A nice day trip from San Francisco is a drive out into Wine Country. Napa and Sonoma Valleys are both within a couple hours drive. The roads are dotted with hundreds of wineries, so pick some and stop in for a taste.
The region's "Mediterranean climate" gives it a different look from the rest of the USA. In the summertime, most places are lush and green. In this area the grass dries up and turns yellow in the summer. The only green comes from trees and bushes.
If you can find a brochure called "The Best of the Wine Country", you can show it and get free gifts, discounts, and free tastings at dozens of wineries. We found it at the Tourist Welcome Center in Santa Rosa, just off Route 101. The brochure is published by dayguide.com.
Napa and Sonoma are perfect destinations for a weekend getaway. They are also close enough (about an hour to SF) so that you can just get out of the city for a day... The weather is almost always nice so you'll most probably have a great time in any of these locations. Some good wine definitely helps too! I prefer Sonoma over Napa because it's not so crowded, less touristy and therefore wineries don't even charge for wine tasting. I would suggest buying some groceries at Oakville or Sonoma town and then sitting down at one of the winery's picnic area. Which winery to go to? Just get a map from the visitor's bureau and check out the wineries at random. There are some famous ones that everyone go to, but I can assure you you'll come across some very nice wineries and really good wine if you just check them out at random.
but if you definitely need some names, I would suggest Domaine Chandon in Napa and Chateau St. Jean in Sonoma. Especially Chateau St. Jean has a nice picnic area. If you are curious about wine making, Mondavi winery in Napa has a really good tour.
By the way, start your day early, most of the wineries close by 5 pm...
The two valleys, Napa and Sonoma, lie between 60 and 90
minutes drive north of San Francisco. Both offer the same
rustic beauty of vineyards, wildflowers, and green and
golden hills, but the characters of the valleys are quite
different. Napa Valley, further inland, has 200 or more
wineries, many of them with gorgeous gardens, knock-out
views, interesting architecture and art collections. Of
particular note is Stag's Leap Winery, famous for its
1973 cabernet sauvignon that beat the French in a blind
tasting in Paris. Calistoga, a spa town in northern Napa,
is probably the most attractive option for overnighting.
Sonoma Valley is low key and less commercial, with only
about 30 wineries. Happily, free tastings are still the
norm in Sonoma Valley.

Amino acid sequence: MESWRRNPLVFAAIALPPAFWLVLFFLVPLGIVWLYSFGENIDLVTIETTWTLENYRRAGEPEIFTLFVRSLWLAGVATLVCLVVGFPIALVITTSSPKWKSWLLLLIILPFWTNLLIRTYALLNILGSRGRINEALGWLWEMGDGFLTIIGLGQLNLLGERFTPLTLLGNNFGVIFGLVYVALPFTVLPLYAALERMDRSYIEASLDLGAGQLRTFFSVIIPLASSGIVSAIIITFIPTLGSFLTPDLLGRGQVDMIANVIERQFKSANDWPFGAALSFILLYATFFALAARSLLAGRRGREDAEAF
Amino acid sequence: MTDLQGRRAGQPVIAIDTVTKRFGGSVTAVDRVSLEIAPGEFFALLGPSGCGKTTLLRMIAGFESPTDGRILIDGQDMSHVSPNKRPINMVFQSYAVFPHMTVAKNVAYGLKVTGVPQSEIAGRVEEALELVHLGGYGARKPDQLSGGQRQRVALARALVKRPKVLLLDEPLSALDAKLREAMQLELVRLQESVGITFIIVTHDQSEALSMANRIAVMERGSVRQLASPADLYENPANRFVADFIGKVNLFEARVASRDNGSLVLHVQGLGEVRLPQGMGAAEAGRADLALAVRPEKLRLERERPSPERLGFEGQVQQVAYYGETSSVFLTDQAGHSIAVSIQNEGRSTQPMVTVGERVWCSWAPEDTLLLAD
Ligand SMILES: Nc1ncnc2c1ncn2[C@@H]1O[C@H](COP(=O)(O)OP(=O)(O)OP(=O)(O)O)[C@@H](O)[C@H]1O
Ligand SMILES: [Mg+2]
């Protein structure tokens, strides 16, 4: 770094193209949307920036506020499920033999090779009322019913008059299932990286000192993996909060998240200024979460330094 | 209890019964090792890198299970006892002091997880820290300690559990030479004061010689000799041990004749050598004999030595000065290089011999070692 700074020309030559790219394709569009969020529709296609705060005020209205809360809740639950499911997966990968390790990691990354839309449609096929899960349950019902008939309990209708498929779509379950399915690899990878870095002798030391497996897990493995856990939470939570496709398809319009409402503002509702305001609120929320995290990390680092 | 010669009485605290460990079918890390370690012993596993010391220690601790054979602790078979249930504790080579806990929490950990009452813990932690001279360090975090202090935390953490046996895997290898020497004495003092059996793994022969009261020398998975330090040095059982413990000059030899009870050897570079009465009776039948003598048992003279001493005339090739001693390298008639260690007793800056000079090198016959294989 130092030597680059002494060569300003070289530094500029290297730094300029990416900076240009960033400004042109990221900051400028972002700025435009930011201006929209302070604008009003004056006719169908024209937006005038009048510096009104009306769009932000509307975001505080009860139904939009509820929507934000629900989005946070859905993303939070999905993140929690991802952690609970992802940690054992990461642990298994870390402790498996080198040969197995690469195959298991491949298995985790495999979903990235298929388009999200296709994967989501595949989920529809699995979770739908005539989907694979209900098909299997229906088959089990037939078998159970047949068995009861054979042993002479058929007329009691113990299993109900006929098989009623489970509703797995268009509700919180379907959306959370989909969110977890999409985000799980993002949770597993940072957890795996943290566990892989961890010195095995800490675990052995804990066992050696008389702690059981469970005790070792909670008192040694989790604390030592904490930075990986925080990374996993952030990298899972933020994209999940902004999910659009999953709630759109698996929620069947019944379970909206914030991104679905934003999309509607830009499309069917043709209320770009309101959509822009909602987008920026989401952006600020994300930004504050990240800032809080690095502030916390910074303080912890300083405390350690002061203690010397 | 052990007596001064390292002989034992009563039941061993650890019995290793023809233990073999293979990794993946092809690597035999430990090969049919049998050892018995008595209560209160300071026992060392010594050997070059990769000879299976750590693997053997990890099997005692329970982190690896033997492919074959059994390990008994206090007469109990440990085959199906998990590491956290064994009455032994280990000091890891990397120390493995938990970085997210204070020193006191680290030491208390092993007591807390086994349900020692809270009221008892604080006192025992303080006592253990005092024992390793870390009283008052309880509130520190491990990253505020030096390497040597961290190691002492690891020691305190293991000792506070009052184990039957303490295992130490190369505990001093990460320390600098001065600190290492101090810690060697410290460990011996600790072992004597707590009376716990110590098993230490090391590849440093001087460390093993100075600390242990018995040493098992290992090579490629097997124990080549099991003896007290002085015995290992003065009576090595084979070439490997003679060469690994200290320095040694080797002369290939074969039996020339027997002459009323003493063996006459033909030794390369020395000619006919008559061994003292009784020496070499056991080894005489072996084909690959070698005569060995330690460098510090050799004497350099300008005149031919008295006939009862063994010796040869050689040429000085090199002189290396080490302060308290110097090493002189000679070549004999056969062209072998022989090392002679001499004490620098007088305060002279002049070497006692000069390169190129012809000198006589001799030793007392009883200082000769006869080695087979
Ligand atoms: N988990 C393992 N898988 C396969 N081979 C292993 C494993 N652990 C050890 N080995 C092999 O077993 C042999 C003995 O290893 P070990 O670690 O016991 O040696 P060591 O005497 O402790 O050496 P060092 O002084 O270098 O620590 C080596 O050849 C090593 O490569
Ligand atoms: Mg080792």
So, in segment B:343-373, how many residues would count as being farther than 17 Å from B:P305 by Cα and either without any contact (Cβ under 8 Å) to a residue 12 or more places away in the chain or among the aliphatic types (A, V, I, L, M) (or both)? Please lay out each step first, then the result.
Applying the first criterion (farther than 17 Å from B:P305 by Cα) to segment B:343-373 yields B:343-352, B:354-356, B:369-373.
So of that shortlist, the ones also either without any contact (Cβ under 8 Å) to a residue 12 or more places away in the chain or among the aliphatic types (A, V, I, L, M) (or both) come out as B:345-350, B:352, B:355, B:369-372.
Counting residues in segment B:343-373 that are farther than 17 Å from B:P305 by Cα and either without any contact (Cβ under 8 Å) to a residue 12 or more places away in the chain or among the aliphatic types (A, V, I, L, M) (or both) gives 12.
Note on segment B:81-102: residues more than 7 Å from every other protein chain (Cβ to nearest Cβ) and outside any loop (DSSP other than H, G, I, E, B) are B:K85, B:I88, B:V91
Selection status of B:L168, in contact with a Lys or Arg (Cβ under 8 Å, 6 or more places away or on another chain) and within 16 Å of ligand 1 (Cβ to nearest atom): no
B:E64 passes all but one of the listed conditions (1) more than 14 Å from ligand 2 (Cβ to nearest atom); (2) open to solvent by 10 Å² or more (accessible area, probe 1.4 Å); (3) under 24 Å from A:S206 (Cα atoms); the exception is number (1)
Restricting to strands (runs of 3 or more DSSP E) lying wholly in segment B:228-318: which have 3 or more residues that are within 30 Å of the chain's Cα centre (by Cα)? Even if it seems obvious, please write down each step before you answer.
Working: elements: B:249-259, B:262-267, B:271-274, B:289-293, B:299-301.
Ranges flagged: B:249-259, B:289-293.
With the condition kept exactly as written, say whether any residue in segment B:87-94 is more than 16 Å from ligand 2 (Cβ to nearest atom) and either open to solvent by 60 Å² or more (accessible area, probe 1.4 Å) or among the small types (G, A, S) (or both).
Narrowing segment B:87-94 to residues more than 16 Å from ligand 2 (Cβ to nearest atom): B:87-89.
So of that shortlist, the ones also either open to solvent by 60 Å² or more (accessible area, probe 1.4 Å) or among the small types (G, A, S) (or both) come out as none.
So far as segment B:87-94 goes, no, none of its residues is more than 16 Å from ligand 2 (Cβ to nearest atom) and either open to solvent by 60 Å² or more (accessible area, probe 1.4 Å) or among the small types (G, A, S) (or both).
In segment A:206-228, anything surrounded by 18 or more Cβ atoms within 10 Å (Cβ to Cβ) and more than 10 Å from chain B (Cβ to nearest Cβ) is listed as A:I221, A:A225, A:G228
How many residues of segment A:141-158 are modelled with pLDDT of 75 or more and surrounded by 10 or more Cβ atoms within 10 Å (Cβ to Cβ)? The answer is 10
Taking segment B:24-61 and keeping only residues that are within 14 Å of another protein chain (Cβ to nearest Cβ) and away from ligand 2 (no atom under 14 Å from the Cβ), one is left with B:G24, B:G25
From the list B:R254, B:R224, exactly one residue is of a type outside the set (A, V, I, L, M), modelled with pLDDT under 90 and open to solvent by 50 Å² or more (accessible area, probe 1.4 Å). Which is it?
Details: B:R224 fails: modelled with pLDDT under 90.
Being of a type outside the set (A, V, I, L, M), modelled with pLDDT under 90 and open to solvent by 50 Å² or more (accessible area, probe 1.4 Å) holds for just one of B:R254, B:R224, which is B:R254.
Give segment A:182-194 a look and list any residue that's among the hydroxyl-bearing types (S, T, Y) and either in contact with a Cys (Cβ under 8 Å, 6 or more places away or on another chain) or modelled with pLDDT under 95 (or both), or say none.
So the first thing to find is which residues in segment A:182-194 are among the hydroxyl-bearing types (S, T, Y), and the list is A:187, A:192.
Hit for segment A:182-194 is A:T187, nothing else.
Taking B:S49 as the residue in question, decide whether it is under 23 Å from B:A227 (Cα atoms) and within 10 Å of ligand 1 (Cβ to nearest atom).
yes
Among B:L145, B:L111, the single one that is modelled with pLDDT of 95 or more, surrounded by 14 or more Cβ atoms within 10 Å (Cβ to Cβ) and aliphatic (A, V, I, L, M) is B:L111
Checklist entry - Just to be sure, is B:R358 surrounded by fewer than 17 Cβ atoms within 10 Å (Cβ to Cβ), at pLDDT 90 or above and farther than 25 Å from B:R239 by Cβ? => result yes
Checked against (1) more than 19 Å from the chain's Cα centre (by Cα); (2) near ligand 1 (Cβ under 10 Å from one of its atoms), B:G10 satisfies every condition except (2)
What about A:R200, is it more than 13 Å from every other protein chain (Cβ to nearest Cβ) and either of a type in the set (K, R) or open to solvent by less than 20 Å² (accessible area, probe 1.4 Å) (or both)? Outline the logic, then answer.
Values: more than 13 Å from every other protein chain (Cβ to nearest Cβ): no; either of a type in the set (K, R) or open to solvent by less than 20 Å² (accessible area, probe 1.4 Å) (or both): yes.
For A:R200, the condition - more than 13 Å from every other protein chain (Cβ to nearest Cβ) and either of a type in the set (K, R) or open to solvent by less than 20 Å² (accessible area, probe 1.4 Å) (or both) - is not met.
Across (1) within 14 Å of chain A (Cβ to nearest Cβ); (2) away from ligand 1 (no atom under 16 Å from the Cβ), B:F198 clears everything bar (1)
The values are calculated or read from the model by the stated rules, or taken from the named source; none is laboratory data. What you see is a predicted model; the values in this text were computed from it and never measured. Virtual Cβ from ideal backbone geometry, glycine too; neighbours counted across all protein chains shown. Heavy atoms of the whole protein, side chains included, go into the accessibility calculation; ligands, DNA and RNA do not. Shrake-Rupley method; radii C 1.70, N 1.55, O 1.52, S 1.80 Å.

A slender, compact valley rimmed with rolling hills that
rise to rounded peaks, Napa Valley is the heart of
California's wine country." Only an hour's drive from
San Francisco, this verdant valley is dotted with wineries,
award-winning restaurants, elegant resorts, and country
inns. You'll also find world-class shopping, challenging
golf courses, and recreational areas.
Northern California's glorious Wine Country is a feasible
day trip from San Francisco, but an overnight stay will
give you a much better taste of the vineyards and
circumvent any 'who's gonna drive' conversations. Only
about 5% of Californian wine comes from the Wine
Country, but it's the quality stuff; plonk ordinaire is
churned out by the barrel in the Central Valley. The best
time to visit is autumn harvest, when the grapes are on
the vine, or in spring, when the hills are brilliant green.
If you've got the time, and like good wine, drive up to Napa Valley and visit some vineyards. Some of these places only sell their products on-site - you can't buy this stuff anywhere else, not even in restaurants. It's maybe a 2 hour drive north across the Golden Gate Bridge, and so you pretty much need a whole day to do it. If you're only around a few days, I'd stick to SF proper.
You will probably have seen the city with the help of 'Fodor' or other reliable guides. If you have another day then use it to visit the Napa Valley. This can be done best by motor car or alternatively there is a wine train consisting of 1930's pullman cars which can be recommended. Fares are about $70 including lunch. Three wineries are especially recommended for visiting. 1. Opus One, a modern, almost futuristic winery set up by Robert Mondavi and Baronness Rothschild - very exclusive - very expensive. 2. Beringer winery. Good shop in the interesting 'Rheinhaus', also tours. 3. Robert Mondavi Winery for an absolutely first class and fascinating tour with a 'tasting' at the end.
An escorted trip to the wine country either by limo or tour bus is a must . . . the wines are wonderful and the scenery divine. I traveled to Viansa in Sonoma County and Monticello in Napa County.
Get out of town up to the Napa and Sonoma valleys and go wine tasting. Make sure you have a sober driver!
Nappa Valley is due north of San Francisco but the countryside is well worth the trip and the wine is excellent!